Like everyone else said, I would also recommend the international school route or university. If you really are determined to stay at a public school another possible (and more feasible route) is becoming an 영어전문회화강사 which is basically the Korean equivalent of a NET in that you don't have to take the teacher's exam but your still on a yearly contract with fewer benefits.


Re: How Can I Work Permanently in Korea?
« Reply #27 on: July 04, 2013, 11:49:55 am »
I actually agree that it would be near impossible for a non-Korean to become a Korean public school teacher (not an NET).  I say this because visa & citizenship aside, the actual process of becoming a teacher would be difficult. Even people who are fluent in Korean, have gone through 4 years of schooling specifically for education, and have had experience in teaching in the classroom fail the teacher's exam. Taking the teacher's exam (at least for elementary) and passing it would allow you to become a homeroom teacher and you could potentially teach all subjects from Korean to Korean History to science, obviously all in Korean. Passing TOPIK 6 is not even close to the amount of Korean you need to pass the teacher's exam. Although if you manage to pass the exam, you wouldn't need to go through the process of finding a school to hire you because once you pass the exam, you will be placed at a school through the district office and since you will be a civil servant you are pretty much tenured and don't have to worry about job stability.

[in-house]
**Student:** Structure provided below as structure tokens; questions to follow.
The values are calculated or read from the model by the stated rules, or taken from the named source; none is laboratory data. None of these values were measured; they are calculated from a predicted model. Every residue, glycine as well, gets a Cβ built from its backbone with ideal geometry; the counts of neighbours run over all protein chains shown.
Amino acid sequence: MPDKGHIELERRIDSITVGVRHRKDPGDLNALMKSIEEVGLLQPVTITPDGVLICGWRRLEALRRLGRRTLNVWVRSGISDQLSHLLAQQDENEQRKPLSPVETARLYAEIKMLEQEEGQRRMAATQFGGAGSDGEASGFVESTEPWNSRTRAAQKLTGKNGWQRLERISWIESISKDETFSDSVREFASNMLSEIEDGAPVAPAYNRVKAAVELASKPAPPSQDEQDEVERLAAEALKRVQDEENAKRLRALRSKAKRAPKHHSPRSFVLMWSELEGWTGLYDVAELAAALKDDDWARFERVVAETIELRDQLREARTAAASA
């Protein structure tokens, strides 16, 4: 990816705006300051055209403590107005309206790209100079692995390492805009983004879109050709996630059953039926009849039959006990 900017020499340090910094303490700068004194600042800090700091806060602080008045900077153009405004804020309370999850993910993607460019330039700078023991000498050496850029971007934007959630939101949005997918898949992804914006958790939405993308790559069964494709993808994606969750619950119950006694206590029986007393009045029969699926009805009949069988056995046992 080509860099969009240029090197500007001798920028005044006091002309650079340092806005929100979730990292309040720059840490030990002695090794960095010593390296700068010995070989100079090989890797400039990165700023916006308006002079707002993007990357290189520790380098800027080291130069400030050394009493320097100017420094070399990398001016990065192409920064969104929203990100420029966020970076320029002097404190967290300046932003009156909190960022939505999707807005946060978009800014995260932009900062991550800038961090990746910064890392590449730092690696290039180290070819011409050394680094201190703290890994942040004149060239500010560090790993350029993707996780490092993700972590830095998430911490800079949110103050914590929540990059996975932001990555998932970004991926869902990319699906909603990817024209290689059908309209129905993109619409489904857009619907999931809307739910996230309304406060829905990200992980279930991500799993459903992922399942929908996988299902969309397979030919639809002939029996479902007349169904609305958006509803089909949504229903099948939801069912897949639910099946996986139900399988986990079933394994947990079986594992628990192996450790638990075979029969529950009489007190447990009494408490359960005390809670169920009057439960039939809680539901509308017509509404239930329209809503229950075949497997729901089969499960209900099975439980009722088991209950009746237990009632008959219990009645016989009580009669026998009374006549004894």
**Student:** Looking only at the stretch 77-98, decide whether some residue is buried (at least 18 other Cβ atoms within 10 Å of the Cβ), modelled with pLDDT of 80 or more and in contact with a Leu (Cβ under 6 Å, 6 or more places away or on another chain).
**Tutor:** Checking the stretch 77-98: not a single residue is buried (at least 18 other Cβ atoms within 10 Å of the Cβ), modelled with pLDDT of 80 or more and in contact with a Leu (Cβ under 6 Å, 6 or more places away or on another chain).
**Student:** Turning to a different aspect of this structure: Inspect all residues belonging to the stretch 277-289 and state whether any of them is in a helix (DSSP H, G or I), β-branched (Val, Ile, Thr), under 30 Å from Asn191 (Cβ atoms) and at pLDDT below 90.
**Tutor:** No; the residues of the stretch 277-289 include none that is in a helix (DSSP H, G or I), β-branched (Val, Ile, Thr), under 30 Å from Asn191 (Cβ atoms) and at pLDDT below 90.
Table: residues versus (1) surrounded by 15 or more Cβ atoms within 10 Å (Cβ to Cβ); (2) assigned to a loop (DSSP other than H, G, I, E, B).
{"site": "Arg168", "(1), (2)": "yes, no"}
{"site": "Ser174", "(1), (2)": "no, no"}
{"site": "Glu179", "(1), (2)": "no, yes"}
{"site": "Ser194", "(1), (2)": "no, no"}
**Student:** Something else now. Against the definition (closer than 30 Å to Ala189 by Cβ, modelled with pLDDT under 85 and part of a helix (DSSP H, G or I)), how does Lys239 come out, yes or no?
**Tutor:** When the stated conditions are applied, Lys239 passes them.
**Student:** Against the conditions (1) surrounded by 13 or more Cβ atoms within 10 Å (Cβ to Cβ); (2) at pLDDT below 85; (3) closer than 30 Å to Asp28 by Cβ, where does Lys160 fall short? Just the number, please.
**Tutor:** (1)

Like everyone else said, I would also recommend the international school route or university. If you really are determined to stay at a public school another possible (and more feasible route) is becoming an 영어전문회화강사 which is basically the Korean equivalent of a NET in that you don't have to take the teacher's exam but your still on a yearly contract with fewer benefits.